Looking at a projected photo of her younger self on Tuesday, Carlota Santana laughed. It’s been a long time since she founded the dance company Flamenco Vivo with Roberto Lorca, and a long time since his death, in 1987. Ms. Santana’s troupe is celebrating its 35th anniversary with an ambitious program at BAM Fisher this week, including guest artists and an hourlong new work dedicated to “Mujeres Valientes,” or valiant women. Surely, Ms. Santana counts as one of those. Keeping a company going ain’t easy.
“Mujeres Valientes,” by the noted flamenco choreographer Belén Maya, honors two women whom Ms. Santana described in her introductory speech as feminist foremothers: the 17th-century Mexican poet-philosopher Sor Juana Inés de la Cruz and the 19th-century South American revolutionary Manuela Sáenz. Those are fascinating historical characters, but this is a dull dance.
Ms. Maya’s choreography is firm and shapely, and it’s closely tied to Gaspar Rodríguez’s evocative score, which he and four other fine musicians play live. It’s a dance-drama, though, and the drama is the problem.
With Sor Juana, Ms. Maya faces the age-old challenge of how to represent a writer dramatically. Establishing the character as a bibliophile is easy. Sor Juana (Eliza González) cradles books, caresses them, pulls them out of her pockets and uses them as a fan. But the dance indicates none of her intelligence or the wit in the words borrowed for lyrics. To express her defiance of foolish men, she circles male dancers and tosses paper at them.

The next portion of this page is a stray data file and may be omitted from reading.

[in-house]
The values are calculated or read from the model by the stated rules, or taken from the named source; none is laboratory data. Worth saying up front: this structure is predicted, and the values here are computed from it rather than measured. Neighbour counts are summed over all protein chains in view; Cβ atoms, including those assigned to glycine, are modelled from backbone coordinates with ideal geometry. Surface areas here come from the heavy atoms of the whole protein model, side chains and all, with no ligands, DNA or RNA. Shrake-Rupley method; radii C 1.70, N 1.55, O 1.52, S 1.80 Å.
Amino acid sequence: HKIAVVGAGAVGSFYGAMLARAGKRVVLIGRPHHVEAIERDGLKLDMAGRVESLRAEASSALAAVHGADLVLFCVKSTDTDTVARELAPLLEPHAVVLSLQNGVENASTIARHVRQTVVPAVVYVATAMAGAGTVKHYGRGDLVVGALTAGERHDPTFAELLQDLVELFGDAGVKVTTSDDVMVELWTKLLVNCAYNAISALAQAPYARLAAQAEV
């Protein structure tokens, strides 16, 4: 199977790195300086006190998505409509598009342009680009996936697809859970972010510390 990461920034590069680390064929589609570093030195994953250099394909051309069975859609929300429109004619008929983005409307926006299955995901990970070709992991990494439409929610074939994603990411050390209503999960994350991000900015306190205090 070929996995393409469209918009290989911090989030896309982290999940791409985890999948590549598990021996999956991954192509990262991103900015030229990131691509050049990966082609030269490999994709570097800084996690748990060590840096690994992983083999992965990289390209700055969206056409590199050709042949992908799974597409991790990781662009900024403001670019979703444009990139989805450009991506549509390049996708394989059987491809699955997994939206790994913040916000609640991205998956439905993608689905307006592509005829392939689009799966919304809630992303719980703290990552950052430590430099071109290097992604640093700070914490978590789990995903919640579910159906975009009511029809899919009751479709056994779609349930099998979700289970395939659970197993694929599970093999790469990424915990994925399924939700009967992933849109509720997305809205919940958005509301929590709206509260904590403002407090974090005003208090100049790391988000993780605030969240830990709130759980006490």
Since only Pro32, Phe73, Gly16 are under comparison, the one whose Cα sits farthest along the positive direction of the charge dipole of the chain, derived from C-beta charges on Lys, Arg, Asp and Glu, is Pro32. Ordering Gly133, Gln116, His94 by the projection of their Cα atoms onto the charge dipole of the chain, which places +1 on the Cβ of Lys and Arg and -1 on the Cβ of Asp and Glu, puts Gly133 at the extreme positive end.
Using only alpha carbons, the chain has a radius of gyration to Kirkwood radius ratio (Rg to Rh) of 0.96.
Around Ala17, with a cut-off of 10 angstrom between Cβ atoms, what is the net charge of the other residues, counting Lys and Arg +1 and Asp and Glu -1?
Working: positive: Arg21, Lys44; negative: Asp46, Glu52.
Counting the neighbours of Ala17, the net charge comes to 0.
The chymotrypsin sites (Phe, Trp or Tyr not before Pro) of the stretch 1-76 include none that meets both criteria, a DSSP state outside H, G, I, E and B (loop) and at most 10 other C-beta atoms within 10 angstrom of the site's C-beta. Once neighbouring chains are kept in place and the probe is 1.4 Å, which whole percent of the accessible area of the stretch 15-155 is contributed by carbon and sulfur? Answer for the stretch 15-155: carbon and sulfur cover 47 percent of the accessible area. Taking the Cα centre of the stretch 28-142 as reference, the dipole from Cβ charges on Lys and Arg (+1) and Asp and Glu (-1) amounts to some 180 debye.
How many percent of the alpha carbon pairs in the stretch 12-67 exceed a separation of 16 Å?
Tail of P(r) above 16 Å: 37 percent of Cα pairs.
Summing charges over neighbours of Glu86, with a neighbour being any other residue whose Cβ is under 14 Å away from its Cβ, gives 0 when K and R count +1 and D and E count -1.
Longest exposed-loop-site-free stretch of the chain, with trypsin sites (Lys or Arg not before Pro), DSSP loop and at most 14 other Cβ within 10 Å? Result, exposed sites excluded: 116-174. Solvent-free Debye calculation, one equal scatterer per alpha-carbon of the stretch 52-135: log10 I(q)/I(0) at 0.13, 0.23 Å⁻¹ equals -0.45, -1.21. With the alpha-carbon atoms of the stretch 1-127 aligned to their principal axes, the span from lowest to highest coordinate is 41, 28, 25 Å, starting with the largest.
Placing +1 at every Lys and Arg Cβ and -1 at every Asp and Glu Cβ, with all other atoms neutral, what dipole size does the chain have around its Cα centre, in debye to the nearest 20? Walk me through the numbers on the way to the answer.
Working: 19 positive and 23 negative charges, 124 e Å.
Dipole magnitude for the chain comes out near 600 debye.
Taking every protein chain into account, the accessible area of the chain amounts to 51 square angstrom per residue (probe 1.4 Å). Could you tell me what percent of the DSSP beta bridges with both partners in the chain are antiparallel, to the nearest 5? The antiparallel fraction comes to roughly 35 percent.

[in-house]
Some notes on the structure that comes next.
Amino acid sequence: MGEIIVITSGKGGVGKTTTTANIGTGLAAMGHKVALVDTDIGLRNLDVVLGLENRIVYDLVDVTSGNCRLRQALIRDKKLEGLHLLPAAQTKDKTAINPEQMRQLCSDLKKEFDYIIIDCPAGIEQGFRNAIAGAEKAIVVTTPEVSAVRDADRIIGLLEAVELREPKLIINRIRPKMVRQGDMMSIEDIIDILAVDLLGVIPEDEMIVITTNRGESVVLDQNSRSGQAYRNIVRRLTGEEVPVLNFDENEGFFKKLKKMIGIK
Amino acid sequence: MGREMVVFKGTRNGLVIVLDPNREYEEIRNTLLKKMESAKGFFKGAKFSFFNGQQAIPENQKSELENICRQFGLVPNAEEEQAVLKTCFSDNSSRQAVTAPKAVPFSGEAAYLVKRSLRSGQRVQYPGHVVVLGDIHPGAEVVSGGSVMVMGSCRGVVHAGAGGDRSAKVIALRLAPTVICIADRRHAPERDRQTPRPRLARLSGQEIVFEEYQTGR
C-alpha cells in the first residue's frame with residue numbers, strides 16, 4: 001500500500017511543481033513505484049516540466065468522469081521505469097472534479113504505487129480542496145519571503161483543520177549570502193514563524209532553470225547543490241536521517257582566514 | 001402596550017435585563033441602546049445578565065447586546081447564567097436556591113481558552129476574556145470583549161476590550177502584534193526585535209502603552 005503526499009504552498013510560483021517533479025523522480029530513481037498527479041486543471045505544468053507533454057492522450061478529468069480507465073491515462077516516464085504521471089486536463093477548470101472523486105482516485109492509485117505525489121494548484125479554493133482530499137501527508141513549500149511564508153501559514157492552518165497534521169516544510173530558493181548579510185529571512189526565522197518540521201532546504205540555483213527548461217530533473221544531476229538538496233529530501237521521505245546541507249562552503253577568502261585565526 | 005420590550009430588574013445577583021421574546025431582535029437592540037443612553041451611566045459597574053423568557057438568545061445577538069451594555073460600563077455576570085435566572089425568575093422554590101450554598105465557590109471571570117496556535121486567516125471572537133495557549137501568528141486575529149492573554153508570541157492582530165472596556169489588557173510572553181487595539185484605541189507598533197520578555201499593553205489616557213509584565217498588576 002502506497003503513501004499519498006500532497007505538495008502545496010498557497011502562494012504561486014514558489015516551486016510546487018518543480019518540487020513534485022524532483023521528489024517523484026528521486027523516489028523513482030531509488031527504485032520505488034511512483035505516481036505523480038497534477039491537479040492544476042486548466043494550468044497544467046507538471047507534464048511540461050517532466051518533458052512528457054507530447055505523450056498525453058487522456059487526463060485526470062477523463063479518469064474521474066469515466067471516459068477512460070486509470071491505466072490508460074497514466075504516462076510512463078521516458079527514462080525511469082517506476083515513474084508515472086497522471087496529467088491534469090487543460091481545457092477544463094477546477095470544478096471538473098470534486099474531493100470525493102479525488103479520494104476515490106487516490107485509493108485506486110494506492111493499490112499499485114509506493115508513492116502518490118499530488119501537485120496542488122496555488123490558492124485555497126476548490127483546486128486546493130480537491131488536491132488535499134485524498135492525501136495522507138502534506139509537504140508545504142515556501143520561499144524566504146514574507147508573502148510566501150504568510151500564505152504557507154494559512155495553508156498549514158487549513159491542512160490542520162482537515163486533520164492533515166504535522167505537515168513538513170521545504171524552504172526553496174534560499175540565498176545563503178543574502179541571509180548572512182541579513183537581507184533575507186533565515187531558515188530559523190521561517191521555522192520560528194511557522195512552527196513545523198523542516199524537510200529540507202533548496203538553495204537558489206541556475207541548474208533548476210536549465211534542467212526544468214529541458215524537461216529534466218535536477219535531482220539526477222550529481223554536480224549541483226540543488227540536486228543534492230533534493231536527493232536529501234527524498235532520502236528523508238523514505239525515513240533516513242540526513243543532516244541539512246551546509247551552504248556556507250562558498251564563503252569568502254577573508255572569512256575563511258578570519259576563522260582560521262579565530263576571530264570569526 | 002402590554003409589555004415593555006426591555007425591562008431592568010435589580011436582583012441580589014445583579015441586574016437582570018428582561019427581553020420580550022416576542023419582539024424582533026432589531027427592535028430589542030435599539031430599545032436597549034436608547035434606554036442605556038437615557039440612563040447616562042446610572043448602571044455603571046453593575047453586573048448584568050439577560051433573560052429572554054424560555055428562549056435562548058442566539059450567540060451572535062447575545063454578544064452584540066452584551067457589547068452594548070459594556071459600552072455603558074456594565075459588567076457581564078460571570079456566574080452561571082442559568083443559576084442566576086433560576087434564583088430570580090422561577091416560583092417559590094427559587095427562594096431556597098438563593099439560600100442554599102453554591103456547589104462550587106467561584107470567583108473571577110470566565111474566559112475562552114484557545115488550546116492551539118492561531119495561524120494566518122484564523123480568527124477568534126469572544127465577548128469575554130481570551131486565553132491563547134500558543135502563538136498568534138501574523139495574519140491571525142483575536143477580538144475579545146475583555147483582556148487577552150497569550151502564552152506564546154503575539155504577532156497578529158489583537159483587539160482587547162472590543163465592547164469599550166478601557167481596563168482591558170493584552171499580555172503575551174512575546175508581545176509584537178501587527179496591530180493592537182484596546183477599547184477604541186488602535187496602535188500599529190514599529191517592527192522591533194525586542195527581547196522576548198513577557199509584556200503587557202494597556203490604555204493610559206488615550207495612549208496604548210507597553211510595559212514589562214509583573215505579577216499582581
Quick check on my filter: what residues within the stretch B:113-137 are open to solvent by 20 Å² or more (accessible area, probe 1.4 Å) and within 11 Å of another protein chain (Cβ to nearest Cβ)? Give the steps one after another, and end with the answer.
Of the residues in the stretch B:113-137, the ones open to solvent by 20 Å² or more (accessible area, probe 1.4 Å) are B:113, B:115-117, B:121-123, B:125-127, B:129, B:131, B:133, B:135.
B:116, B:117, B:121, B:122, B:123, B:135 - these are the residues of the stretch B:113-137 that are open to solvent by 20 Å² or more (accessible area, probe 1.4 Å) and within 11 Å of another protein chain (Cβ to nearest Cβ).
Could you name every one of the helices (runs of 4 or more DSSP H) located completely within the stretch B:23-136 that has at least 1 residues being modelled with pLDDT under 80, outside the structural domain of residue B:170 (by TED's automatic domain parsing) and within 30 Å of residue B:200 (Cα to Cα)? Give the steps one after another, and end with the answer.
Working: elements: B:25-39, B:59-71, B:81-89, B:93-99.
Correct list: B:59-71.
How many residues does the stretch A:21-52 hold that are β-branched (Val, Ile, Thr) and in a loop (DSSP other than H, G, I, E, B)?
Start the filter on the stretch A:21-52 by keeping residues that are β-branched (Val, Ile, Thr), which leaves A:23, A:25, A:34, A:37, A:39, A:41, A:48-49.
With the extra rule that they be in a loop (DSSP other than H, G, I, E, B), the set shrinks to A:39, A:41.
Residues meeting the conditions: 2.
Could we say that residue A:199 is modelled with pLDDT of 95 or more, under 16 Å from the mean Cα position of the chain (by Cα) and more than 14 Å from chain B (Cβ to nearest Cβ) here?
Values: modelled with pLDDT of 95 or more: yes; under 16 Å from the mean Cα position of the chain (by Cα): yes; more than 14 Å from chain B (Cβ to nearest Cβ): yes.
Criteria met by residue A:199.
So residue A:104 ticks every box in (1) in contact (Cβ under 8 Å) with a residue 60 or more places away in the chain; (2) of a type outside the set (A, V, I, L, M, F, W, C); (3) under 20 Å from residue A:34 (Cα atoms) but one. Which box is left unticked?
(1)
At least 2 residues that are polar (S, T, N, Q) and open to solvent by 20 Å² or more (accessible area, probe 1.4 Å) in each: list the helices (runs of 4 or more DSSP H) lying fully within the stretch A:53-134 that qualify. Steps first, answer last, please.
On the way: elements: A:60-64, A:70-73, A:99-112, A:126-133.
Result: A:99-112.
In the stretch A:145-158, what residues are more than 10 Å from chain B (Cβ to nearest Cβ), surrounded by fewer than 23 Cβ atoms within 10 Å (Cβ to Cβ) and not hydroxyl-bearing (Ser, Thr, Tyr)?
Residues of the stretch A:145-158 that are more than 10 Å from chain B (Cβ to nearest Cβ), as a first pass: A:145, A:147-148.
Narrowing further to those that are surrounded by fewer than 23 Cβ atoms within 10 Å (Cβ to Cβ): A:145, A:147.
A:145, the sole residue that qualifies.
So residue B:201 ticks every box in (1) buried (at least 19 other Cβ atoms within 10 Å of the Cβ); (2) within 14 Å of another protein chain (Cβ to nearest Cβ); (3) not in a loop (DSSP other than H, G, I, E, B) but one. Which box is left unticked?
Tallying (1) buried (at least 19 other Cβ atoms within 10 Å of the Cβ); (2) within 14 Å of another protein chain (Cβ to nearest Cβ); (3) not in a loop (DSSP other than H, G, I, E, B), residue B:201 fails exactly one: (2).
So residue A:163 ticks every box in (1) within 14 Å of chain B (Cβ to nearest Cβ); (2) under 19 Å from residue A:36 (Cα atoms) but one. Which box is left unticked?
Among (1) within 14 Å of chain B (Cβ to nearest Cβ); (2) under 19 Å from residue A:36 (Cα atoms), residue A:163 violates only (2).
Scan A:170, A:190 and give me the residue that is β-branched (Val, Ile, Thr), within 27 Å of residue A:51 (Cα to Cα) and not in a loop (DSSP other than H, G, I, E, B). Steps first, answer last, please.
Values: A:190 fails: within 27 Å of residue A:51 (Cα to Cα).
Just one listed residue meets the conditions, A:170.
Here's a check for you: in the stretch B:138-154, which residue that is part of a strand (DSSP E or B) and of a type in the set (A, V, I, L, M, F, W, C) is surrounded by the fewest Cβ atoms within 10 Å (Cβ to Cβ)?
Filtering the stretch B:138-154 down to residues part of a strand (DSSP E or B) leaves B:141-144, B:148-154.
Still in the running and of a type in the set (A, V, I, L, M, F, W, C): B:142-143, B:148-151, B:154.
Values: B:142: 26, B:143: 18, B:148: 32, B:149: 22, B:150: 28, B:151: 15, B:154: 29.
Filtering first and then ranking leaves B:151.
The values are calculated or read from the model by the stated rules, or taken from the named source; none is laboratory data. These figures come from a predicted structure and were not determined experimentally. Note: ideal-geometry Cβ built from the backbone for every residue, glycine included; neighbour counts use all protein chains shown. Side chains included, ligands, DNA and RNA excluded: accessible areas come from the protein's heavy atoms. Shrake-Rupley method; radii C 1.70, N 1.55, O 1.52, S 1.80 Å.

Sáenz (Elisabet Torras), a woman of action and romance, doesn’t fare much better. Her relationship with the great liberator Simón Bolivar occasions one strong moment: When he goes down on a knee, she makes him take off her shoes. Yet their duet devolves into commonplaces of power-balance choreography. She dons a military uniform and blows cigar smoke in his face. He doesn’t like it.
Over the years, Ms. Santana has been savvy in supplementing her workaday company with superior guest artists. That strategy saves the day this year, too. After intermission on Tuesday, Guadalupe Torres raised the energy level with the banked fires of her solo to “La Caña.” Then came José Maldonado, the true great liberator of evening.
In his “Farruca” solo, Mr. Maldonado was impressive. He bent his torso back like the taut, tense bow of an archer. He shot into poses with the speed of an arrow. If his performance was a little too choreographed for my taste and occasionally false in manner, those faults were offset by bursts of brilliance and uncommon invention.
Mr. Maldonado’s real rescue job, though, was what he did for the company. “Pa’ Triana Voy,” the ensemble work he choreographed, is the rare flamenco group piece that doesn’t stifle the individual flamenco spirit. Performing it, the Flamenco Vivo dancers, so tentative and affected in “Mujeres Valientes,” seemed released, alive, loose, charming. That attitude carried through to the traditional “Fin de Fiesta” finale, with everyone taking a turn and having a great time. Now that’s the way to celebrate an anniversary.
Flamenco Vivo Carlota Santana
Through May 20 at BAM Fisher, Brooklyn; bam.org.